AB - This paper presents simulated and experimental results on the flow induced in a closed channel by a magnetic fluid (i.e. magnetorheological (MR) fluid and a ferrofluid) plunger. The results are used to assess the feasibility of using such fluids for development of milli-micro-scale pumps. The magnetic fluid plunger acts as a piston that is moved along the channel by an array of drive coils (or by a permanent magnet) to displace an immiscible fluid. The excited drive coils produce a traveling magnetic field wave inside the channel which in turn produces magnetic dipoles in the magnetic fluid. The dipoles react with the traveling wave leading to a Kelvin force that drags the magnetic fluid plunger through the channel. The flow rates achievable in this approach are a function of channel geometry, magnetic fluid properties, plug size, frequency of the current passing through the drive coils, and the location of the drive coils along the channel. Representative results of the analysis of the effect of these parameters on the flow rates are presented here. While the simulations indicate that both, MR and ferrofluids may be used for fluid actuation in the selected geometry, the experiments validated only the MR fluid option.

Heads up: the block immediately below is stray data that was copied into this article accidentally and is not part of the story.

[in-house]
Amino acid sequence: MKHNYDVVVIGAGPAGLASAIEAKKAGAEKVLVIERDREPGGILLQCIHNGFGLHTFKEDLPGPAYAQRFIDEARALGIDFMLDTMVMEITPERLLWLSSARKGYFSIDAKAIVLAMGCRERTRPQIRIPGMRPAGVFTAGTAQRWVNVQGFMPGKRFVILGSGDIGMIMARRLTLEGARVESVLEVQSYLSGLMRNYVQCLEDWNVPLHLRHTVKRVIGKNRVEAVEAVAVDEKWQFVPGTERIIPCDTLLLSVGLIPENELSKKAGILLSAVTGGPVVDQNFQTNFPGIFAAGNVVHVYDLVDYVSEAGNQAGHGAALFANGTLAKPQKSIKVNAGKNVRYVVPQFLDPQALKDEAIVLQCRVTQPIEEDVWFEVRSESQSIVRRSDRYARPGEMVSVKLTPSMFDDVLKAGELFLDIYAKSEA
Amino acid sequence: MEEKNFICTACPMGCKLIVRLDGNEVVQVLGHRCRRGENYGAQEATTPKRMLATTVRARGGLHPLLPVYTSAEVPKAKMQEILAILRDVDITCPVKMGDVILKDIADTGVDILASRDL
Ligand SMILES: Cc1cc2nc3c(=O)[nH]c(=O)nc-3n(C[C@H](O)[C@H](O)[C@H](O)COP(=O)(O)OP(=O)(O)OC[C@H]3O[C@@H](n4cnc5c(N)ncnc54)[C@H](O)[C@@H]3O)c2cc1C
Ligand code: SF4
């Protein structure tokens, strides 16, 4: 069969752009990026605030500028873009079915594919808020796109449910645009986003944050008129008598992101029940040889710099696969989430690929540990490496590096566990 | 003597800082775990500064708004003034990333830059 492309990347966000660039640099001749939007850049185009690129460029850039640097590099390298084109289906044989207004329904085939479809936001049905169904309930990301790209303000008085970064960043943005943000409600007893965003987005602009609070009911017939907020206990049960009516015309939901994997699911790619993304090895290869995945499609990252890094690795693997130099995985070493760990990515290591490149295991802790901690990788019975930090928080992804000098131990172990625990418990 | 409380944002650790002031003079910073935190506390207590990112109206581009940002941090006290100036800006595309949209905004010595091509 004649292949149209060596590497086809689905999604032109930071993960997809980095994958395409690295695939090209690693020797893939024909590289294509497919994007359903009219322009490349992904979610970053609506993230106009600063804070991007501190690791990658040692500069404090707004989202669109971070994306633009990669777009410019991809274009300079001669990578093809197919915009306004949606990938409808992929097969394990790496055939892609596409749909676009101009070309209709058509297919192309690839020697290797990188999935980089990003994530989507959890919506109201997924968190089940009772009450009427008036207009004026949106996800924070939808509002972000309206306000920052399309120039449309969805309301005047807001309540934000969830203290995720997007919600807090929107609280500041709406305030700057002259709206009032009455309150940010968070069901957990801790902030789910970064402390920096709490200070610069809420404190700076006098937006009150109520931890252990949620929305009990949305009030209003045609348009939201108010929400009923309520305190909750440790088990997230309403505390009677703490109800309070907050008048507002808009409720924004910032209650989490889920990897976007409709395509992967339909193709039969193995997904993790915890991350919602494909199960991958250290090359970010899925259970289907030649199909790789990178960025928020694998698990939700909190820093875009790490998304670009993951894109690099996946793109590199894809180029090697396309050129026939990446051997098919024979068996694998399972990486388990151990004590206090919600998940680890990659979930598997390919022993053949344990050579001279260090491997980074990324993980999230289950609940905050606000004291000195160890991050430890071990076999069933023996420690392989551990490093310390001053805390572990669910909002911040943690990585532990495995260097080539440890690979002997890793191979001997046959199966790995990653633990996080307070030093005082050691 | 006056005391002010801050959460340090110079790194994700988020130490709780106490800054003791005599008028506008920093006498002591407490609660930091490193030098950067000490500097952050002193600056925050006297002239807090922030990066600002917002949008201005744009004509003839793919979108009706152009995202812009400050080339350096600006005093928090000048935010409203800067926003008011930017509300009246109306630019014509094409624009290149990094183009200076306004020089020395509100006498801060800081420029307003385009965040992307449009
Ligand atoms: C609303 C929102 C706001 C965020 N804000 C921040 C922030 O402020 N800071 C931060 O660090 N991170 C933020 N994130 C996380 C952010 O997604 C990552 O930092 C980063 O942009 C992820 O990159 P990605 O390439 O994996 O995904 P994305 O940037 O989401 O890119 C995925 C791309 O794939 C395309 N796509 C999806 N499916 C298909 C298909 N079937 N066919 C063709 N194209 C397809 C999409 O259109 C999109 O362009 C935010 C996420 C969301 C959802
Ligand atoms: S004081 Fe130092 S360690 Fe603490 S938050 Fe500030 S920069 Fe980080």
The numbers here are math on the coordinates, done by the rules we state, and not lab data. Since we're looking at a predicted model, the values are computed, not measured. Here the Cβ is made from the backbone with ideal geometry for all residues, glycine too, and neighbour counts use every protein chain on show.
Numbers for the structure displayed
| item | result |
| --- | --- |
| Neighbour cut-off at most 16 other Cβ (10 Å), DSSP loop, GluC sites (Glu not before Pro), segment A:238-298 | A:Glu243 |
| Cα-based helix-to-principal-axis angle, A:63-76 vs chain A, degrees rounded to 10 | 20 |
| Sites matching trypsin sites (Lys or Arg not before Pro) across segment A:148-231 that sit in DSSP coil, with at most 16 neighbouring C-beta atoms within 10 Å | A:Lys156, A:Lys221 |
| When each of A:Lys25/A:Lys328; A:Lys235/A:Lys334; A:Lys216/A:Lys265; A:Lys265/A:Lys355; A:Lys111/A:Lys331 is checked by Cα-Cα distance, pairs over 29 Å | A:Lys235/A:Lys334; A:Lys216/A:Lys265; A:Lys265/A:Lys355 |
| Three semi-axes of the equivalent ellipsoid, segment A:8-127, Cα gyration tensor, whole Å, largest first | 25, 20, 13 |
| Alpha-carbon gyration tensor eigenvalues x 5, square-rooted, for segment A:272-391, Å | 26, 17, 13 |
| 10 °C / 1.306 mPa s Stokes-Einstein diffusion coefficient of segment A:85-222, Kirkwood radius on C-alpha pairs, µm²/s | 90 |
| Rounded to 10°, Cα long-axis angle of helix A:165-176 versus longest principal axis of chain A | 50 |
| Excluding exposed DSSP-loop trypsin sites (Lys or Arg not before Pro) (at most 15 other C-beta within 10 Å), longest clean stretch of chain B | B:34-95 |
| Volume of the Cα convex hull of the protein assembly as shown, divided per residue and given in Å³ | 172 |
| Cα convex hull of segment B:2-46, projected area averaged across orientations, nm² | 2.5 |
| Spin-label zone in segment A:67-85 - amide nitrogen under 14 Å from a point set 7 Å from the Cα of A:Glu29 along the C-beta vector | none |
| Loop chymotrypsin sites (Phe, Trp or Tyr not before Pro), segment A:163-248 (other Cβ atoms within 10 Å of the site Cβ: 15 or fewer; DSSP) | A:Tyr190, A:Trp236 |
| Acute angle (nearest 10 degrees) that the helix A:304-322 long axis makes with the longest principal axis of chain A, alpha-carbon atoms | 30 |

KW - Channel flow

KW - Ferrofluid

KW - MR Fluid

UR - http://www.scopus.com/inward/record.url?scp=77953514267&partnerID=8YFLogxK

UR - http://www.scopus.com/inward/citedby.url?scp=77953514267&partnerID=8YFLogxK

U2 - 10.1117/12.858564

DO - 10.1117/12.858564

M3 - Conference contribution

AN - SCOPUS:77953514267

SN - 9780819480583

VL - 7643

BT - Proceedings of SPIE - The International Society for Optical Engineering

ER -